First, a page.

Like the TV show it’s about, nothing in this novel is as it seems, but the journey to discover the truth is out of this...



Ten teenagers are launched into “space” to entertain insatiable TV audiences in Damico’s satirical novel.

Everything on TV has already been done. Enter Chazz Young, the CEO of DV8 Productions. Chazz cooks up the idea to send 10 teens into space and to film everything. A shaky collaboration with the scientists of the National Association for the Study of Astronomy and Weightlessness and some expensive special effects result in Waste of Space. The teens aren’t actually in space, but they and viewers don’t know that. The cast checks every reality TV box, from the ambiguously “exotic” party girl to the black, gay diversity pick. As America tunes in, the teenagers overcome unrealistic space obstacles. Ratings go up, but behind the scenes, cast members are beginning to doubt they’re in space, Chazz is desperately trying to up the ante, and NASAW is working on a side project. Suddenly, all transmissions from the “ship” are stopped, and access to it is cut off. None of the teenagers (or Chazz) knows what’s going on. All they know is that they’re in trouble. Told in aired and unaired video transcripts, phone transcripts, and personal recordings, the information in this novel has been compiled by an unnamed intern-turned-whistleblower. Everything that happens is over-the-top and ludicrous but cleverly crafted, the cynicism slathered on with layers of foulmouthed geniality.

Like the TV show it’s about, nothing in this novel is as it seems, but the journey to discover the truth is out of this world. (Fiction. 12-18)

Pub Date: July 11, 2017

ISBN: 978-0-544-63316-2

Page Count: 512

Publisher: HMH Books

Review Posted Online: April 17, 2017

Kirkus Reviews Issue: May 1, 2017

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This story is necessary. This story is important.

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Sixteen-year-old Starr Carter is a black girl and an expert at navigating the two worlds she exists in: one at Garden Heights, her black neighborhood, and the other at Williamson Prep, her suburban, mostly white high school.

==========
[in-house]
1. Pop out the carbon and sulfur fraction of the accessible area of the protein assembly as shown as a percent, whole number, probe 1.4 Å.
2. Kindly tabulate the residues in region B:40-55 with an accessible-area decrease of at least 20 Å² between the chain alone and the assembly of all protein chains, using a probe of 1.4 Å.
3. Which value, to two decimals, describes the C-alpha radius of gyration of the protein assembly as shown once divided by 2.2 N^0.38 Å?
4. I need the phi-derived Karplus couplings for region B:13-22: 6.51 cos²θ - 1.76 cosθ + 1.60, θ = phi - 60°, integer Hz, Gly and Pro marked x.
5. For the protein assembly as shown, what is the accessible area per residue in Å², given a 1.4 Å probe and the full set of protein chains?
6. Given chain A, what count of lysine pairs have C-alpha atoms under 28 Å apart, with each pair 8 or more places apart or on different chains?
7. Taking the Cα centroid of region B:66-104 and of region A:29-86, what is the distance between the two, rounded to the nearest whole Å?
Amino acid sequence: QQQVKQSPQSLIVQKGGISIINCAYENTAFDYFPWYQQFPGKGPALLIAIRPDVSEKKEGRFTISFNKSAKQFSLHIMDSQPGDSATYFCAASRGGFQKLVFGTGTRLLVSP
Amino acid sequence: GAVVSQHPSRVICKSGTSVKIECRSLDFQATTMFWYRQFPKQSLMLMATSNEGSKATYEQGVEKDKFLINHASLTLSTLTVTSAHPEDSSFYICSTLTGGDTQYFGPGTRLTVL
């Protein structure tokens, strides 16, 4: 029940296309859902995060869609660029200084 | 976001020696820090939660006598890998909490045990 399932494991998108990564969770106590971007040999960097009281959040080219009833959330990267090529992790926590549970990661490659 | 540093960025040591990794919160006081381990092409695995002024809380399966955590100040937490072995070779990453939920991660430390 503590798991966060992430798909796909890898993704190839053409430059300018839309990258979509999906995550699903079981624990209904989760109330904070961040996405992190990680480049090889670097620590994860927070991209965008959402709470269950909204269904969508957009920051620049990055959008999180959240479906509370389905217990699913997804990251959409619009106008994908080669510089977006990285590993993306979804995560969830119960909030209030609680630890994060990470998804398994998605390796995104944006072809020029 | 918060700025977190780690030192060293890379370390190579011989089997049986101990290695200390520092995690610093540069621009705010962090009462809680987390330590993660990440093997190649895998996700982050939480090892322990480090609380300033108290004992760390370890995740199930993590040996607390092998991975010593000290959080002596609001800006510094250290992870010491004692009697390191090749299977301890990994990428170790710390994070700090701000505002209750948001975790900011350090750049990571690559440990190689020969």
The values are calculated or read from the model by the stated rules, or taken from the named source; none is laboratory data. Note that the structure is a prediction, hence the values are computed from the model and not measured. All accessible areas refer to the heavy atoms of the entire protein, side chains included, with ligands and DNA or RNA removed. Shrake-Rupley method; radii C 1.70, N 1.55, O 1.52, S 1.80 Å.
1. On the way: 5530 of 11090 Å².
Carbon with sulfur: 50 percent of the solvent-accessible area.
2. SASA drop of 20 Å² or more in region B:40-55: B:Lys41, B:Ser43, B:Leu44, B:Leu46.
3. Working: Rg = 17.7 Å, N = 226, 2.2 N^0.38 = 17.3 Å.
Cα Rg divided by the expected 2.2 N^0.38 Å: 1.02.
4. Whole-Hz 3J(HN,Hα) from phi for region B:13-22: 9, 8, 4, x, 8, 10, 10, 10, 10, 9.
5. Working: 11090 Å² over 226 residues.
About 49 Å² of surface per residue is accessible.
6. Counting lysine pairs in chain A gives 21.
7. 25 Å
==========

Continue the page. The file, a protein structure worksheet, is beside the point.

Walking the line between the two becomes immensely harder when Starr is present at the fatal shooting of her childhood best friend, Khalil, by a white police officer. Khalil was unarmed. Khalil’s death becomes national news, where he’s called a thug and possible drug dealer and gangbanger. His death becomes justified in the eyes of many, including one of Starr’s best friends at school. The police’s lackadaisical attitude sparks anger and then protests in the community, turning it into a war zone. Questions remain about what happened in the moments leading to Khalil’s death, and the only witness is Starr, who must now decide what to say or do, if anything. Thomas cuts to the heart of the matter for Starr and for so many like her, laying bare the systemic racism that undergirds her world, and she does so honestly and inescapably, balancing heartbreak and humor. With smooth but powerful prose delivered in Starr’s natural, emphatic voice, finely nuanced characters, and intricate and realistic relationship dynamics, this novel will have readers rooting for Starr and opening their hearts to her friends and family.

This story is necessary. This story is important. (Fiction. 14-adult)

Pub Date: Feb. 28, 2017

ISBN: 978-0-06-249853-3

Page Count: 464

Publisher: Balzer + Bray/HarperCollins

Review Posted Online: Dec. 6, 2016

Kirkus Reviews Issue: Dec. 15, 2016

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An unpolished grab bag of incidents that tries to make a point about racial inequality.


Two teenage girls—Lena and Campbell—come together following a football game night gone wrong.

Campbell, who is white and new to Atlanta, now attends the school where Lena, who is black, is a queen bee. At a game between McPherson High and their rival, a racist slur leads to fights, and shots are fired. The unlikely pair are thrown together as they try to escape the dangers on campus only to find things are even more perilous on the outside; a police blockade forces them to walk through a dangerous neighborhood toward home. En route, a peaceful protest turns into rioting, and the presence of police sets off a clash with protestors with gruesome consequences. The book attempts to tackle racial injustice in America by offering two contrasting viewpoints via narrators of different races. However, it portrays black characters as violent and criminal and the white ones as excusably ignorant and subtly racist, seemingly redeemed by moments when they pause to consider their privileges and biases. Unresolved story arcs, underdeveloped characters, and a jumpy plot that tries to pack too much into too small a space leave the story lacking. This is not a story of friendship but of how trauma can forge a bond—albeit a weak and questionable one—if only for a night.

An unpolished grab bag of incidents that tries to make a point about racial inequality. (Fiction. 15-adult)

Pub Date: Aug. 6, 2019

ISBN: 978-1-4926-7889-2

Page Count: 272

Publisher: Sourcebooks Fire

Review Posted Online: May 22, 2019

Kirkus Reviews Issue: June 15, 2019

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